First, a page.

Table 1 provides an overview of the sample profile and clothing retail patronage habits of the respondents who participated in the study.
From Table 1 it can be derived that, in terms of gender, more females (61.8%) than males (38.2%) participated in the study. Furthermore, most of the respondents were white people (50.9%) and black people (32.0%), the remainder being either Indian/Asian (10.6%) or those of mixed race (6.1%). The majority of the respondents were single (65.8%), married or living with a partner (30.5%). Regarding the highest level of education, the majority of the respondents had completed matric/grade 12 (56.4%), a degree (18.4%) or a diploma (15.4%).
Most of the respondents shopped most frequently at Mr Price (27.2%), followed by Edgars (22.7%), Woolworths (15.1%) and Markhams (5.9%). Slightly more than seven per cent of the respondents indicated that they most frequently purchased clothing from 'other' clothing retailers, including lesser known clothing retailers like Jay Jays, PQ Clothing and Top Shop. How long the respondents had patronised the clothing retailer they shopped at most frequently ranged from a period of 1 year or more, but less than 5 years (42.7%), 10 years and longer (29.2%) or 5 years or more, but less than 10 years (23.1%). Finally, whilst the majority of the respondents (48.5%) indicated that they did not have a loyalty card from the clothing retailer in question, 32.7% did have one, whereas 10.4% indicated that the clothing store where they bought most often did not offer a loyalty card.
Exploratory factor analysis
An exploratory factor analysis was conducted using maximum likelihood extraction with varimax rotation (Field 2013:642, 644; Hair et al. 2014:94) to identify the underlying factors constituting the clothing retail respondents' relationship intentions. The data was considered appropriate for factor analysis, as the Bartlett's test of sphericity yielded a significant result (p < 0.0001) and the Kaiser-Meyer-Olkin (KMO) measure of sampling adequacy (MSA) for the overall measure was 0.791 (which is greater than the recommended cut-off value 0.5) (Field 2013:647; Pallant 2013:199). Table 2 shows the rotated pattern matrix for the 15 items used to measure the respondents' relationship intentions in the clothing retail context.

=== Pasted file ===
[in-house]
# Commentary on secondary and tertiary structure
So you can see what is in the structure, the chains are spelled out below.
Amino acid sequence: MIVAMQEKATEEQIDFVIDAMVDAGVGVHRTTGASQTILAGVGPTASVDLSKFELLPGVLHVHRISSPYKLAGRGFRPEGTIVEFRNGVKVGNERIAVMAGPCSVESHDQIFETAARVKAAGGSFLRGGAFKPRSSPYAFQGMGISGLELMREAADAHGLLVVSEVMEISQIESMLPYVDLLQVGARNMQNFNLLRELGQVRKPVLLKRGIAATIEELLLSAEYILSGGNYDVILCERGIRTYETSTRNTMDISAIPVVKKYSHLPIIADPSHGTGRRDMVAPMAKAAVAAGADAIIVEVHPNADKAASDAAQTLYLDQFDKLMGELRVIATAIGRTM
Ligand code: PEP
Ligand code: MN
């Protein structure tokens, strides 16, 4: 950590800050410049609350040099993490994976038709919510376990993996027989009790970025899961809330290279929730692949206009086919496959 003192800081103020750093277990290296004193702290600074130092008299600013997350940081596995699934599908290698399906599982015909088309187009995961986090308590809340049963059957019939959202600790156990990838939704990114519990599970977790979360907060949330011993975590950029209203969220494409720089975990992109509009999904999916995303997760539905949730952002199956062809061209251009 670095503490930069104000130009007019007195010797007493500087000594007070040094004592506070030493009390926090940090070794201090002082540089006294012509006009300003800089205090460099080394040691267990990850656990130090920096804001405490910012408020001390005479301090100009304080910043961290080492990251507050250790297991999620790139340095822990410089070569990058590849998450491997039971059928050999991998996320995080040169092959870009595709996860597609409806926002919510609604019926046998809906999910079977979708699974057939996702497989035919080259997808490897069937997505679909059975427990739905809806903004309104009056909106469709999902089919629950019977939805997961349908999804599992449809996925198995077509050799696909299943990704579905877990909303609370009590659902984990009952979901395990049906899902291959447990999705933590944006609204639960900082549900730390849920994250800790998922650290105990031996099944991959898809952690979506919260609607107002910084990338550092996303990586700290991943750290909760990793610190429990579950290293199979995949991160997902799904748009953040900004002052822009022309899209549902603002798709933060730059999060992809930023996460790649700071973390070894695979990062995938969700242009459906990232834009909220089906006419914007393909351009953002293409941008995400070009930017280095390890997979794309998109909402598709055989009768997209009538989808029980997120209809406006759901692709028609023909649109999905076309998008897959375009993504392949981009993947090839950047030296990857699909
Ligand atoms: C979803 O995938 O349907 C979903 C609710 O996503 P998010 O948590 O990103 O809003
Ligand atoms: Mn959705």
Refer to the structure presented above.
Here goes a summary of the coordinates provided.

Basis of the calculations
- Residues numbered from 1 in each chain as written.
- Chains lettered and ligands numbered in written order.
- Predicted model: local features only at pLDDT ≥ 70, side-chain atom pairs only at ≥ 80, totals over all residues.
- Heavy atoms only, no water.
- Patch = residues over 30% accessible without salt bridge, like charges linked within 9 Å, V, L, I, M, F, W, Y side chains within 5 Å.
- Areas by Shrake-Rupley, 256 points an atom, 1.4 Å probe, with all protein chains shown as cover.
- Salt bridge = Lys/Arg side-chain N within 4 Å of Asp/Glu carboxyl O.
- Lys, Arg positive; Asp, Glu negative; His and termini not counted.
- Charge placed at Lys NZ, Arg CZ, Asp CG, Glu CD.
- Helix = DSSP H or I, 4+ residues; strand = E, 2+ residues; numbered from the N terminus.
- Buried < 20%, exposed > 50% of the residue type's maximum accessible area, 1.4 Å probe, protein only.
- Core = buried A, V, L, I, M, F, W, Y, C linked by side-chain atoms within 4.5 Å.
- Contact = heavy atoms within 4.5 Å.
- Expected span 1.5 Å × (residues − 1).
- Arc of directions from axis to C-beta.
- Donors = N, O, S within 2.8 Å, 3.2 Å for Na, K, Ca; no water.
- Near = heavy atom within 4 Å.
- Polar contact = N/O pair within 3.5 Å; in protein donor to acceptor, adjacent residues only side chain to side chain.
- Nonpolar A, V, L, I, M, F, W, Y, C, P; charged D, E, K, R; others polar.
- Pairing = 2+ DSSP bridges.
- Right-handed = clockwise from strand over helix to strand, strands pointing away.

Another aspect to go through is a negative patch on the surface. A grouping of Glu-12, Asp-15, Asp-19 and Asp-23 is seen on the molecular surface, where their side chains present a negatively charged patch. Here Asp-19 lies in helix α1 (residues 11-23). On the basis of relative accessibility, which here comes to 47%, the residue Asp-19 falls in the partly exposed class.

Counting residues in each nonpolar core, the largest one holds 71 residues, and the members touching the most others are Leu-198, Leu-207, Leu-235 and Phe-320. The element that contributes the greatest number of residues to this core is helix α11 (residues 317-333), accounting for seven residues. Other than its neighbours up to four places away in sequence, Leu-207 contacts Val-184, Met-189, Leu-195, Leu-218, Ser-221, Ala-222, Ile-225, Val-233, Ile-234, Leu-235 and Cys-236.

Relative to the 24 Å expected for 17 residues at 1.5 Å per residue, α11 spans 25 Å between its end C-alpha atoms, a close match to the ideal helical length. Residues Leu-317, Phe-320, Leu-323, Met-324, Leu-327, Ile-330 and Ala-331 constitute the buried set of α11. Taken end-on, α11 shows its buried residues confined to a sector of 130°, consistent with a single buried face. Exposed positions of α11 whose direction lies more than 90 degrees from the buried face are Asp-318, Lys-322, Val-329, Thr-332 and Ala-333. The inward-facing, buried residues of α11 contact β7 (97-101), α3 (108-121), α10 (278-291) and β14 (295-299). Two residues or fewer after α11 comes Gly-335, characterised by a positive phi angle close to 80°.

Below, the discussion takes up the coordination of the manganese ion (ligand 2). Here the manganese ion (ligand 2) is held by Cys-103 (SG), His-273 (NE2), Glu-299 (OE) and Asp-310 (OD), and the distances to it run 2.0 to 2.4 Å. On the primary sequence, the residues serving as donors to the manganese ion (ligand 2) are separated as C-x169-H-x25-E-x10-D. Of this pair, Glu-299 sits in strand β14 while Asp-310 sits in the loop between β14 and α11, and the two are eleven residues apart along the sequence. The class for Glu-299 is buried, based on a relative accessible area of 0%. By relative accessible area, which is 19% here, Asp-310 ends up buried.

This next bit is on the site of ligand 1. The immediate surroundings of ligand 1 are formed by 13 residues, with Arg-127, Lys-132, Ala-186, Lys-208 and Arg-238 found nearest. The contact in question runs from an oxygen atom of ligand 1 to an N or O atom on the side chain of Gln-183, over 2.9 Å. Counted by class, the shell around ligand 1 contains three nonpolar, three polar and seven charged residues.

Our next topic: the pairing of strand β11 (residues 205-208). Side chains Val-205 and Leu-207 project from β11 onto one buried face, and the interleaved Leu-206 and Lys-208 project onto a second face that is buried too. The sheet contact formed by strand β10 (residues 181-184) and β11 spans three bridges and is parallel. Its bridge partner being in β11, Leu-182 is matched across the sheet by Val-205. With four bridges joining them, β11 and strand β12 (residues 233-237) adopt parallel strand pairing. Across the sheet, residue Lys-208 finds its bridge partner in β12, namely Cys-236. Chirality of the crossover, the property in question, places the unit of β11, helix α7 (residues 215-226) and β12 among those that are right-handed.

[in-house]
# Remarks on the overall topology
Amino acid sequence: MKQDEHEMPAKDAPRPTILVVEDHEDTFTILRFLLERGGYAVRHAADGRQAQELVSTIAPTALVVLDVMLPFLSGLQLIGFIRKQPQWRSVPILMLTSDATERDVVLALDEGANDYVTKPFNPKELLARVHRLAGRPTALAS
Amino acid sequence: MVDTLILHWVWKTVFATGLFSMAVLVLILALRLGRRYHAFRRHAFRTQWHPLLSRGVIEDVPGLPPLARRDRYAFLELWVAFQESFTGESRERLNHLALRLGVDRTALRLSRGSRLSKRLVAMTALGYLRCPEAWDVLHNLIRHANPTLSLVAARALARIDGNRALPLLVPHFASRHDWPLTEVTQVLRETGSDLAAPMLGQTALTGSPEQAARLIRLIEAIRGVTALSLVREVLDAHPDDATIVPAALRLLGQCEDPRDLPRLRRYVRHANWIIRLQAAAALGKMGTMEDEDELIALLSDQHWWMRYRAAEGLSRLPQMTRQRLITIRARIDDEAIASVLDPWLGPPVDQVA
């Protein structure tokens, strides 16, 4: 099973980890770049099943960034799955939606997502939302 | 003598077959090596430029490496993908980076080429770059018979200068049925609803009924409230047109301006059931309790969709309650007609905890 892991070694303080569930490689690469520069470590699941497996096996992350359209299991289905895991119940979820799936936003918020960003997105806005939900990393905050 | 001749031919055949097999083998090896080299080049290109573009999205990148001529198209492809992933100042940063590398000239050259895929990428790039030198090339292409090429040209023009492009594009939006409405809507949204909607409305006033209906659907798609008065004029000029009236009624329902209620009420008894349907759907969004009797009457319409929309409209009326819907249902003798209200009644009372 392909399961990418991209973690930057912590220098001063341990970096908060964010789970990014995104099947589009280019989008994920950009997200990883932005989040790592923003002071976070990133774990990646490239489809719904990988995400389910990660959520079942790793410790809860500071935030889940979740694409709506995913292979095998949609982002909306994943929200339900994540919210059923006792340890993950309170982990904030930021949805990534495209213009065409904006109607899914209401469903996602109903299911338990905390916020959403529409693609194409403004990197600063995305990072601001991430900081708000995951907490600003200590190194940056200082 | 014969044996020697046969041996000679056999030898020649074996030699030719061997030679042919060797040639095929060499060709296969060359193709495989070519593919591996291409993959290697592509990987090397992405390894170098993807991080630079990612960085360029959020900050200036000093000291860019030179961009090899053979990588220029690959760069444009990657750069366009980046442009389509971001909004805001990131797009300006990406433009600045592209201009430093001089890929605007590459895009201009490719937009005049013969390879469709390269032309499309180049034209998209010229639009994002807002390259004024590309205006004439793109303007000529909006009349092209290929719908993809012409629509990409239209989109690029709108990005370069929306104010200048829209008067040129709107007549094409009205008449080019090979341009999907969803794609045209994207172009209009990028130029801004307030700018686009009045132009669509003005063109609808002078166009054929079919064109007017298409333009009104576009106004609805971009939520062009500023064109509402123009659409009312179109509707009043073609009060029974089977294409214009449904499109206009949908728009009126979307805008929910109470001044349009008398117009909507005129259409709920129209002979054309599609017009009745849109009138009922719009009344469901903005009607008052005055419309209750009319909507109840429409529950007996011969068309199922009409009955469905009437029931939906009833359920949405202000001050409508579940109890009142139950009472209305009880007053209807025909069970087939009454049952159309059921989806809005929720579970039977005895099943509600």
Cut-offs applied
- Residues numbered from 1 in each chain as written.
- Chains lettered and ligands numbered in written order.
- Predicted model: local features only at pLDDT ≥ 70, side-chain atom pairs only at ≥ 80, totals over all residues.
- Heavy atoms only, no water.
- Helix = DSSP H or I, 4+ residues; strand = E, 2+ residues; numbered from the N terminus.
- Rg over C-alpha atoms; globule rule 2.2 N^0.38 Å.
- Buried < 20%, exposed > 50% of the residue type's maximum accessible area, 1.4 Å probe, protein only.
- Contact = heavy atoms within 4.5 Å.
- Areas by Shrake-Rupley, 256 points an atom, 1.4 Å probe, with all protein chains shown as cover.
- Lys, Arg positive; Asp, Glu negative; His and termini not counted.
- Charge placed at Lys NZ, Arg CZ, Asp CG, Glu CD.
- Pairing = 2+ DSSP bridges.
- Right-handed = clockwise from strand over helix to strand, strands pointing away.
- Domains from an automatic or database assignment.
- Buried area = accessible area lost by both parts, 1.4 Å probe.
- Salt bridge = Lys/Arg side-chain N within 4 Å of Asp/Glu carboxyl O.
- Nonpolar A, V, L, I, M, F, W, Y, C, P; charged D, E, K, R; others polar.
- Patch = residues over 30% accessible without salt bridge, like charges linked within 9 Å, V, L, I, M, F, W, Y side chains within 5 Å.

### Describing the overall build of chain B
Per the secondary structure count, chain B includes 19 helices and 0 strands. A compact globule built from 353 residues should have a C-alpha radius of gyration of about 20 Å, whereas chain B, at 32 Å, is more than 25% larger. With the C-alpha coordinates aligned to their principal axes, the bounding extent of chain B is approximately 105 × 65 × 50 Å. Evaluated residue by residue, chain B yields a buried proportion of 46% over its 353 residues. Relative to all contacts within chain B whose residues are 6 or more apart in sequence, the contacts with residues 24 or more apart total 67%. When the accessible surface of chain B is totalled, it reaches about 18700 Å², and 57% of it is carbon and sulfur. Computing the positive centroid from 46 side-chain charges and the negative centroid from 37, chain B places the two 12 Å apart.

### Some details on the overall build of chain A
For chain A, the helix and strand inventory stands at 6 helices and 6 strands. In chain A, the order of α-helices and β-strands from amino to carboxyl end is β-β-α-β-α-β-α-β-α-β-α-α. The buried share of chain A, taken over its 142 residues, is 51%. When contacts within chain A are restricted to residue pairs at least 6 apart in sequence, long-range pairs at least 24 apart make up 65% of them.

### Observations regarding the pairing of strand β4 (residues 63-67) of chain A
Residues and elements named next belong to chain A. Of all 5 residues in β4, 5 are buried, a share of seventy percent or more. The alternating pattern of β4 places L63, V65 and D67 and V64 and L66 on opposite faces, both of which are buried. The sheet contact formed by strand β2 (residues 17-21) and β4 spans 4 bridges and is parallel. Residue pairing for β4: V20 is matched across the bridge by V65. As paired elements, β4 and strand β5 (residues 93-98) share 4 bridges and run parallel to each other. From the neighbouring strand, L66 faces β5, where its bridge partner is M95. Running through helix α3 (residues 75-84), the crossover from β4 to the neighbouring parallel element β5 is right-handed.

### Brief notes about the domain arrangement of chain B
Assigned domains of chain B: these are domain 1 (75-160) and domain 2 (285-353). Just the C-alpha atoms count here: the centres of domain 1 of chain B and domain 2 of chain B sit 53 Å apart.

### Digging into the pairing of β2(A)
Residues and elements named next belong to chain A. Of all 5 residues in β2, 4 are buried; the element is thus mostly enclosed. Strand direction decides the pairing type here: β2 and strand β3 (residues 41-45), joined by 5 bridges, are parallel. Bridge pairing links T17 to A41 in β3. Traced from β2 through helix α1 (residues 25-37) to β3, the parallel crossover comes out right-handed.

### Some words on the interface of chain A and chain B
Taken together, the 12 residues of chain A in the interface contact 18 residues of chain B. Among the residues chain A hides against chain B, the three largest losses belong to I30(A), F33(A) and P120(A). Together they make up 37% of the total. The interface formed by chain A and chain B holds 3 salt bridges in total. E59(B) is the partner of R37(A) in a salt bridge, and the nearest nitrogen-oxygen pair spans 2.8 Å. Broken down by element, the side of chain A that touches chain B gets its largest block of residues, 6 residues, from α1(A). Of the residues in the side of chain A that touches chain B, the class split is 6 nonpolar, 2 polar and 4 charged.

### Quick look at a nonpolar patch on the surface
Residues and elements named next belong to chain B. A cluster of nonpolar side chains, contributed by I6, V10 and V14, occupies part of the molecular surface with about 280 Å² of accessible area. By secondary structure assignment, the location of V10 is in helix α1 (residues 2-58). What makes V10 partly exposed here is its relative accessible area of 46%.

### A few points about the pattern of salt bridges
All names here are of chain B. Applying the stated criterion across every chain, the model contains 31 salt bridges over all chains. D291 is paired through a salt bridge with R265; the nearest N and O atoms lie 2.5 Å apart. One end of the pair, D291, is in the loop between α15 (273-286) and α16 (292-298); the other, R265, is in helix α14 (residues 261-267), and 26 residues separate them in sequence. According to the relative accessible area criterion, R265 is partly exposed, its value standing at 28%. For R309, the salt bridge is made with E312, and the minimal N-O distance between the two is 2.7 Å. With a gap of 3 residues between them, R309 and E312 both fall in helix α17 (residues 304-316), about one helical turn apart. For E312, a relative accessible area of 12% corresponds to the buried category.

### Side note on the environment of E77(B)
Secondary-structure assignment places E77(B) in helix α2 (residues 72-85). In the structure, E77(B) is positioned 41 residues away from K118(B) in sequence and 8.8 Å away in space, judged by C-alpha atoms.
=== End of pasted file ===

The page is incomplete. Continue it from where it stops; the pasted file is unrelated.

In Table 2, it can be seen that five factors were extracted to measure the clothing retail respondents' relationship intentions. The five factors explain 75.40% of the total variance in the data. Furthermore, all the 15 items included in the measuring instrument loaded onto the five factors, and no items cross-loaded onto other factors. Table 2 also shows that all the items yielded factor loadings ≥ 0.5, indicating that each item should be retained (Hair et al. 2014:116). The decision to retain all the items in the analysis was further supported by considering the MSAs for all the pairs of items reflected in the factor analysis. According to Field (2013:687), the MSA for all the pairs of items included in the factor analysis should be greater than 0.5, and where MSA values smaller than 0.5 are found, the pair of corresponding items should be deleted from the analysis. The MSAs realised for all the pairs of items reflected in the factor analysis ranged between 0.656 and 0.849, thereby supporting the decision not to delete any pair items from the analysis.